"A Violent Downside Break": Why One Trader Thinks The Christmas "Pain Trade" Will Be Especially Painful

Before you shut down that terminal for the year, hoping that the year is - mercifully - finally over, you may want to consider that according to former Lehman trader and current Bloomberg macro commentator Mark Cudmore, the Christmas pain trade is about to be unveiled, and it will be especially painful for all those short Treasurys. As Cudmore warns, with ten-years stuck in a 2.3%-2.43% range for the past seven weeks, "the arguments are adding up for a violent downside break during the weeks ahead."

Here are his arguments why, as laid out in Cudmore's latest Macro View :

A Treasuries Rally May Be the Christmas Pain Trade

 

Post-Fed price-action suggests Treasury bulls may stampede while traders are in holiday mode. 

 

Ten-year yields have been stuck in a 2.3%-2.43% range for the past seven weeks. The arguments are adding up for a violent downside break during the weeks ahead.

 

Many investors were punting for a hawkish turn from Yellen this week. There was indeed a subtle, but important Fed shift, but it was dovish. The committee raised growth projections, that also incorporated tax reform, without raising the dot plot.

 

The implication is that they’re struggling to explain “transitory” low inflation. Maybe there’s an increasing acceptance that either the Phillips curve is broken or that they should be paying more attention to structural disinflationary pressures from technology, globalization and demographics.

 

And investors seem to have overlooked the fact that it’s still very far from certain that the tax bill will be passed before year-end. Come January, the Republican majority in the Senate shrinks to one.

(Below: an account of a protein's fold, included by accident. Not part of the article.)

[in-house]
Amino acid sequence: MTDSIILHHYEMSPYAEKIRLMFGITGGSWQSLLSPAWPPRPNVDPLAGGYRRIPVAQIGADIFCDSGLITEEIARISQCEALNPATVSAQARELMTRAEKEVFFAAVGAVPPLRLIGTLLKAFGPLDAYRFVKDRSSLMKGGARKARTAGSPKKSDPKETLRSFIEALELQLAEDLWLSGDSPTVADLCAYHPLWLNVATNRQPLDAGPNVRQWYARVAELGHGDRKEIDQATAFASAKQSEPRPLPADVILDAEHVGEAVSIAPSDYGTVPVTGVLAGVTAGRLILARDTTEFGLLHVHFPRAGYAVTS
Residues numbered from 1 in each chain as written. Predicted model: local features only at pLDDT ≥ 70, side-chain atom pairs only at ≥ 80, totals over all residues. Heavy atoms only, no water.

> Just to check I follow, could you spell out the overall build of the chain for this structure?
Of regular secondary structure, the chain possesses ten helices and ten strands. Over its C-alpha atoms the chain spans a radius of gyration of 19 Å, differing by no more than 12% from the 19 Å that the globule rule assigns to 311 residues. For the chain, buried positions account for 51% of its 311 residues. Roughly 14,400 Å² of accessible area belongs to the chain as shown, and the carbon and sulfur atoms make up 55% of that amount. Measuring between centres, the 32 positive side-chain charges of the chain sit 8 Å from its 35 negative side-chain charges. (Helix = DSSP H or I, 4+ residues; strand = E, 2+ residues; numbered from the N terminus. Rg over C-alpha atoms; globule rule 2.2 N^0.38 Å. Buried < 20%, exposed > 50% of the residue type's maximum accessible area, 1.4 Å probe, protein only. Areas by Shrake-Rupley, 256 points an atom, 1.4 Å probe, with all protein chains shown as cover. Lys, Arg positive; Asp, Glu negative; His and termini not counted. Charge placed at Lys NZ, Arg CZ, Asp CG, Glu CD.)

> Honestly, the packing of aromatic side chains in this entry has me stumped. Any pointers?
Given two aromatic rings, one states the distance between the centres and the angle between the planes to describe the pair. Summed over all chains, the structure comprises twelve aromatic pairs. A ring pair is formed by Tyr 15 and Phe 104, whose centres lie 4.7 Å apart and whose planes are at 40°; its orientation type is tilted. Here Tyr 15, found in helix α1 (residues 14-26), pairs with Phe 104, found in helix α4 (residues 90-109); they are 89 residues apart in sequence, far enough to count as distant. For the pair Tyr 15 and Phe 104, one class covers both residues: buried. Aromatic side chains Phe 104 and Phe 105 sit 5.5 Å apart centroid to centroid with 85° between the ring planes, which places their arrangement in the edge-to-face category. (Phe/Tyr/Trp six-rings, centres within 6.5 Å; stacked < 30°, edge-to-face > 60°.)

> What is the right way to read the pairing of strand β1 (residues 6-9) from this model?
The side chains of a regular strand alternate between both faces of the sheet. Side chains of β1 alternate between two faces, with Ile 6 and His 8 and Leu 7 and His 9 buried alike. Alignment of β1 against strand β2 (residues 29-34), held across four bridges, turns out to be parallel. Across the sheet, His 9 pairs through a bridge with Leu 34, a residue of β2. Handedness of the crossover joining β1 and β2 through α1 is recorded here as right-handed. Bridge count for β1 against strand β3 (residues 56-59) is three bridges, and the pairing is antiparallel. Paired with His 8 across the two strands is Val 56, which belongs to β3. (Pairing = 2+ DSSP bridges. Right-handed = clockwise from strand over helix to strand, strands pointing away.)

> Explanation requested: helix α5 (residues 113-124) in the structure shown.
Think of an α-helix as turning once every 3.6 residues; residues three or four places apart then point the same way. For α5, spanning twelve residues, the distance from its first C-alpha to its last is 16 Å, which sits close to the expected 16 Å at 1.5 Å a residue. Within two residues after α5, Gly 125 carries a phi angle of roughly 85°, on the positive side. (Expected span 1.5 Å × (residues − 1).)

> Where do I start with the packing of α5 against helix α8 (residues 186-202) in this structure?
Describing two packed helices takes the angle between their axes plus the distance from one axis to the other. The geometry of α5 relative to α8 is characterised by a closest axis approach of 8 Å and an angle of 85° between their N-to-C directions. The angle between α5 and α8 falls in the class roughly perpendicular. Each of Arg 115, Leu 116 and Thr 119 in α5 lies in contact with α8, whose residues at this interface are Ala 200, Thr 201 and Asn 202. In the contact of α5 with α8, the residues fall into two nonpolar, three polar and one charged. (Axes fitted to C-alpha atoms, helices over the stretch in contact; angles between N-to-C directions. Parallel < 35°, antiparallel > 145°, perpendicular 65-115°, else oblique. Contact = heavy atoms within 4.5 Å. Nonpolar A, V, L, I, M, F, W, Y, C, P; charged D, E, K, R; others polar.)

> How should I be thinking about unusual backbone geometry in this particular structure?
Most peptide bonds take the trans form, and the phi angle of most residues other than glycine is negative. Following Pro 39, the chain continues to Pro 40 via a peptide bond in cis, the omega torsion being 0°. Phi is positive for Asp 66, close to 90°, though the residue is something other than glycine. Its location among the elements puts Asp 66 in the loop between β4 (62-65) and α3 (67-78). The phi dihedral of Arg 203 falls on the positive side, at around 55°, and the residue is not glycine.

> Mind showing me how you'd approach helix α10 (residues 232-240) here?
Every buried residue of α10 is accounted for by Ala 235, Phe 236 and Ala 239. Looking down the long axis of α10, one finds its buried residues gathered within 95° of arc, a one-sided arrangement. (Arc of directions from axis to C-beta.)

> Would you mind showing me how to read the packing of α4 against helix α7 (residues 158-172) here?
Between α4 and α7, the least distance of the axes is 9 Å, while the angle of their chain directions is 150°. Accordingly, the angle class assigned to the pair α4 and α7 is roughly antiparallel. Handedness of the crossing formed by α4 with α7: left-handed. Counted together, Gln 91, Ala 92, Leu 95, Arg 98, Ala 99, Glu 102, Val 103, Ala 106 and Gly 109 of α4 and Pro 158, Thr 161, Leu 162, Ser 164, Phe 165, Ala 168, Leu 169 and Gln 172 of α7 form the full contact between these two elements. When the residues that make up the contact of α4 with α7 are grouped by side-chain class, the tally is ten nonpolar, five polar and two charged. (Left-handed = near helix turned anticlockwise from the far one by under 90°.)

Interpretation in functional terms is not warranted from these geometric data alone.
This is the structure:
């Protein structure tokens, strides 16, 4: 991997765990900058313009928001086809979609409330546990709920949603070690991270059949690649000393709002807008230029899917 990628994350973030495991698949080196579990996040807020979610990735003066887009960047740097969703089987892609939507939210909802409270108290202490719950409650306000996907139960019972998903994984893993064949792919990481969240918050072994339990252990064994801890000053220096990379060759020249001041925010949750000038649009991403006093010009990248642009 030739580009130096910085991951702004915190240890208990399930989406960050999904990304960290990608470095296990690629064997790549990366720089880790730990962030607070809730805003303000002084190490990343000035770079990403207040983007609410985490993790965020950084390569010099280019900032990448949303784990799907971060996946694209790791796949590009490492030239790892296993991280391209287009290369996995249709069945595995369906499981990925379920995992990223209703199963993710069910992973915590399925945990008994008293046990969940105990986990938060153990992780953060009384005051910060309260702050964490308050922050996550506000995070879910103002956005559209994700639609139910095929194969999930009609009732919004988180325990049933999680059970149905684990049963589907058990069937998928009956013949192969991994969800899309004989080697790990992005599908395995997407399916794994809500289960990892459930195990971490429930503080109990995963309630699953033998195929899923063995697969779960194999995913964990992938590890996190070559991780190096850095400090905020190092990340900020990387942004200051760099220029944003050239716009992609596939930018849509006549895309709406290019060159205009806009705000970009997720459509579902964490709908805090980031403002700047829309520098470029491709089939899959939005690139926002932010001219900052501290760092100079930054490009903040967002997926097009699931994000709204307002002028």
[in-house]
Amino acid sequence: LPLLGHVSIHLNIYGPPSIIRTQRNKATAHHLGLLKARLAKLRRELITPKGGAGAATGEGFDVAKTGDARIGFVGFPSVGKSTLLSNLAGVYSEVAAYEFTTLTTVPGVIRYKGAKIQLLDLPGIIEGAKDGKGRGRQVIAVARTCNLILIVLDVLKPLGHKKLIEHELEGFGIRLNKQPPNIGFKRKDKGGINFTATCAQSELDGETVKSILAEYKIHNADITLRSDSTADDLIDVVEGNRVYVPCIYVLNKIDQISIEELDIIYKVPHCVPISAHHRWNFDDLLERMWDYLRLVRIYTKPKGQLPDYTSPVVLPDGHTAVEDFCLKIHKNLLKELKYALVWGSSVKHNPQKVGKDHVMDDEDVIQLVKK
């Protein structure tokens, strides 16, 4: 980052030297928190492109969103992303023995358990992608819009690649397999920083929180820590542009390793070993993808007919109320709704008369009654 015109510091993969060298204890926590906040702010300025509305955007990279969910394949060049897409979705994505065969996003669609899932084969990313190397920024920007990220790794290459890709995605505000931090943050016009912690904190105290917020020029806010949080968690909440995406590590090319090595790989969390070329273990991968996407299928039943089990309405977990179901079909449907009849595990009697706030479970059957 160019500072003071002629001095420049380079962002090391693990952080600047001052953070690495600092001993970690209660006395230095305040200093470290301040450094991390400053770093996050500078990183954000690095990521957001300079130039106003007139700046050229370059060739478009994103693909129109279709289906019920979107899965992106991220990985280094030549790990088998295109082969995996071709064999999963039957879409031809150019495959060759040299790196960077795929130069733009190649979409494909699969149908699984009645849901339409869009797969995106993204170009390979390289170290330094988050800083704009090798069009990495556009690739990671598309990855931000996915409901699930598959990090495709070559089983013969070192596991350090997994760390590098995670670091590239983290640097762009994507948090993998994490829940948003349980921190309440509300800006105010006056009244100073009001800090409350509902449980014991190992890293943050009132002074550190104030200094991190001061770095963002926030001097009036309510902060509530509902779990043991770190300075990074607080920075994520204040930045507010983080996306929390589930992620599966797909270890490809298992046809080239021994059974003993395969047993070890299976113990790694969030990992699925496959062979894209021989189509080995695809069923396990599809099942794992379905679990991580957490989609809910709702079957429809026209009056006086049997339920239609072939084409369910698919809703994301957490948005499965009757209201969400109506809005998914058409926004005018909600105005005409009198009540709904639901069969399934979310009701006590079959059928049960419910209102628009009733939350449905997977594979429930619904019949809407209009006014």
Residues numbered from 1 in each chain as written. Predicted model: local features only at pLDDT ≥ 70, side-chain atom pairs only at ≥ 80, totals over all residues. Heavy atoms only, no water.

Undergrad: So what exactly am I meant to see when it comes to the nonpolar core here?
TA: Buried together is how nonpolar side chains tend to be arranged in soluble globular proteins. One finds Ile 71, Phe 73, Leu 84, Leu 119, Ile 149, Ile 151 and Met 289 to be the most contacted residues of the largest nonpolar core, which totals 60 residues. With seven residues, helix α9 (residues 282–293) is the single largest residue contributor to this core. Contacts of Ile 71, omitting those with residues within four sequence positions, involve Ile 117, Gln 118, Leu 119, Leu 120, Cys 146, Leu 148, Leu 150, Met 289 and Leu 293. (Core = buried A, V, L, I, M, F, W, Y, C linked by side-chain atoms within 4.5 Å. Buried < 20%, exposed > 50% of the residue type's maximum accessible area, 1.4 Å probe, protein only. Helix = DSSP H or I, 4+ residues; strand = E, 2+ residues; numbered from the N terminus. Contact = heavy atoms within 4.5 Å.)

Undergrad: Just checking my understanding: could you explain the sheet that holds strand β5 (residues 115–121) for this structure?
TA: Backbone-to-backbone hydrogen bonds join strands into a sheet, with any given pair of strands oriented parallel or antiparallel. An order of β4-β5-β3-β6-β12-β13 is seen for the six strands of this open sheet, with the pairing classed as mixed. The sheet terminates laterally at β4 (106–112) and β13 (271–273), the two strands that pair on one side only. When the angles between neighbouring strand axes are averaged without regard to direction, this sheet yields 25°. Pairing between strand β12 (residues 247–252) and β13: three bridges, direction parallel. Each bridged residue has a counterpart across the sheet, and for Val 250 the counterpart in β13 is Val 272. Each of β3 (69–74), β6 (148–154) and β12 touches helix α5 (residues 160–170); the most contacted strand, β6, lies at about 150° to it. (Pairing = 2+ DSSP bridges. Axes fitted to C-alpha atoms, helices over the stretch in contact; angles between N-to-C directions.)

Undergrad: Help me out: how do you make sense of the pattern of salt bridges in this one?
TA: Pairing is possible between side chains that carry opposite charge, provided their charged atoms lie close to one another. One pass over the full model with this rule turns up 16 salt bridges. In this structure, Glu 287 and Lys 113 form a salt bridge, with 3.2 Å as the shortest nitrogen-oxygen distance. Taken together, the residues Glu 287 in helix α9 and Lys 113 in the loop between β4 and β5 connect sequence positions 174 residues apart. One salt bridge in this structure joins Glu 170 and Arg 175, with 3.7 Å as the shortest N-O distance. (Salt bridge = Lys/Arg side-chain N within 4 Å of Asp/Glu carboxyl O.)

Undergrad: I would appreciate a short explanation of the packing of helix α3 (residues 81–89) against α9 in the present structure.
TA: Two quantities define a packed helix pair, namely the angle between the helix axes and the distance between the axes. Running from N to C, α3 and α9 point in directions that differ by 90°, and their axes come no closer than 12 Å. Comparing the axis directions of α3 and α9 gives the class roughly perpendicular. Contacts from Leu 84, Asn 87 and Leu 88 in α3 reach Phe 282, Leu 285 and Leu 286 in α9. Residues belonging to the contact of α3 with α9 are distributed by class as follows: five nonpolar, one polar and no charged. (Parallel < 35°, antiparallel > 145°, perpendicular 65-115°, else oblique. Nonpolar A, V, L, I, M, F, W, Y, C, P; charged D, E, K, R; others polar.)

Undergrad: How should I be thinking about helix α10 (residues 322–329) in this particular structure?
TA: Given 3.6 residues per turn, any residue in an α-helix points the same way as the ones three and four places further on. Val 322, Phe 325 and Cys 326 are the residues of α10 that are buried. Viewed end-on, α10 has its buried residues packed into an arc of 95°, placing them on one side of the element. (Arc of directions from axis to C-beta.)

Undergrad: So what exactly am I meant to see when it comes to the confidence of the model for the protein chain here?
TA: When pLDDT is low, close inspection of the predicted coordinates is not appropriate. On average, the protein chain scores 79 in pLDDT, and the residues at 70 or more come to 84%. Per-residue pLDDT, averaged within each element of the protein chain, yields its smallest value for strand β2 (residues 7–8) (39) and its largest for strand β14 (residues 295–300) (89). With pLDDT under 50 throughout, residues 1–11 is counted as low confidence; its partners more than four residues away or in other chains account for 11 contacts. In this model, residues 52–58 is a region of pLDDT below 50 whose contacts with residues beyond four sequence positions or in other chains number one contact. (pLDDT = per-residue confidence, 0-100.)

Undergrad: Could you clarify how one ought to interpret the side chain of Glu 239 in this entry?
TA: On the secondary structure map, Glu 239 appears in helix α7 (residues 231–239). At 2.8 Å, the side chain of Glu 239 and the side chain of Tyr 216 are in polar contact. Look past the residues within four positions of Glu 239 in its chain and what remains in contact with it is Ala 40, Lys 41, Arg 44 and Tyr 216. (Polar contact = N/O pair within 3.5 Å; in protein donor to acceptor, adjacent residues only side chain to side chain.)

With Trump having already been celebrating and promoting its imminent passage, there will be real disappointment for markets if the tax package is delayed. And the problems are mounting up, from Rubio’s recent objections to McCain’s health concerns.

 

With optimism priced in everywhere and complacency across assets, traders may be wrongly positioned and vulnerable to a low- liquidity surprise.

 

This day last year, in the wake of a Fed hike, the 10-year Treasury yield reached the highest level of the last three years before tumbling 21 bps from that peak by year-end. Fundamentals may be adding up to a repeat performance.

Comments

b-sugar Fri, 12/15/2017 - 06:17 Permalink

Where the fuck is the "warning number..." guy? He is needed lately.  I'll repeat myself but stock wise, it's all good until may, from there, we'll see.

Harry Lightning troubadourcapital Fri, 12/15/2017 - 06:51 Permalink

Daily Price Charts for long dated US Treasuries are flashing bearish divergences at every turn in the last ywo months, its only a matter of time becfore the move to 3.25% and above occurs in the US long bond market. Bulls have been trying for two months ot drive prices back up to the highs of early September and eacg successive rally is demonstrably weaker than the one before. Only a news story of significant effect, one that could turn the stock market bearish and keep it that way for longer than a day, could inject the kind of vibrance needed at this time of year to stoke a major bond rally into year end. Even if the tax reform bill were to fail, the inflationary and deficit-proppinh impact of the bill is so small that the offsetting relief in the Treasury market would be equally small. Especially when most all desk and fund managers want nothing more than to enjoy the solitude of the holidays.

In reply to by troubadourcapital

Harry Lightning TimmyM Fri, 12/15/2017 - 07:42 Permalink

I don't see desperation on anyone's part in this discussion, becauseeven at present levels, a big sell-off or rally is not going to get more than 25 or 50 bais points This isn't April of '79 you know.Regardless of global market or mom and pop store, some facts of life don't change, And one of them is that if you want to borrow money for a long time into the future you need to compensate for the gheightened risks of both credit and inflation. Those risks have been quantified over a long period of price discovery, and only recently due to central bank manipulation through QE programs have the long term relationships deviated. The bottom line remains that Tresuries are grossly over valued at prsent prices, making the prospect of a huge rally in them hardly plausble.

In reply to by TimmyM

HRH of Aquitaine 2.0 Harry Lightning Fri, 12/15/2017 - 08:27 Permalink

I cannot stand bond discussions because the language used is so obscure to anyone not in the bond trading business.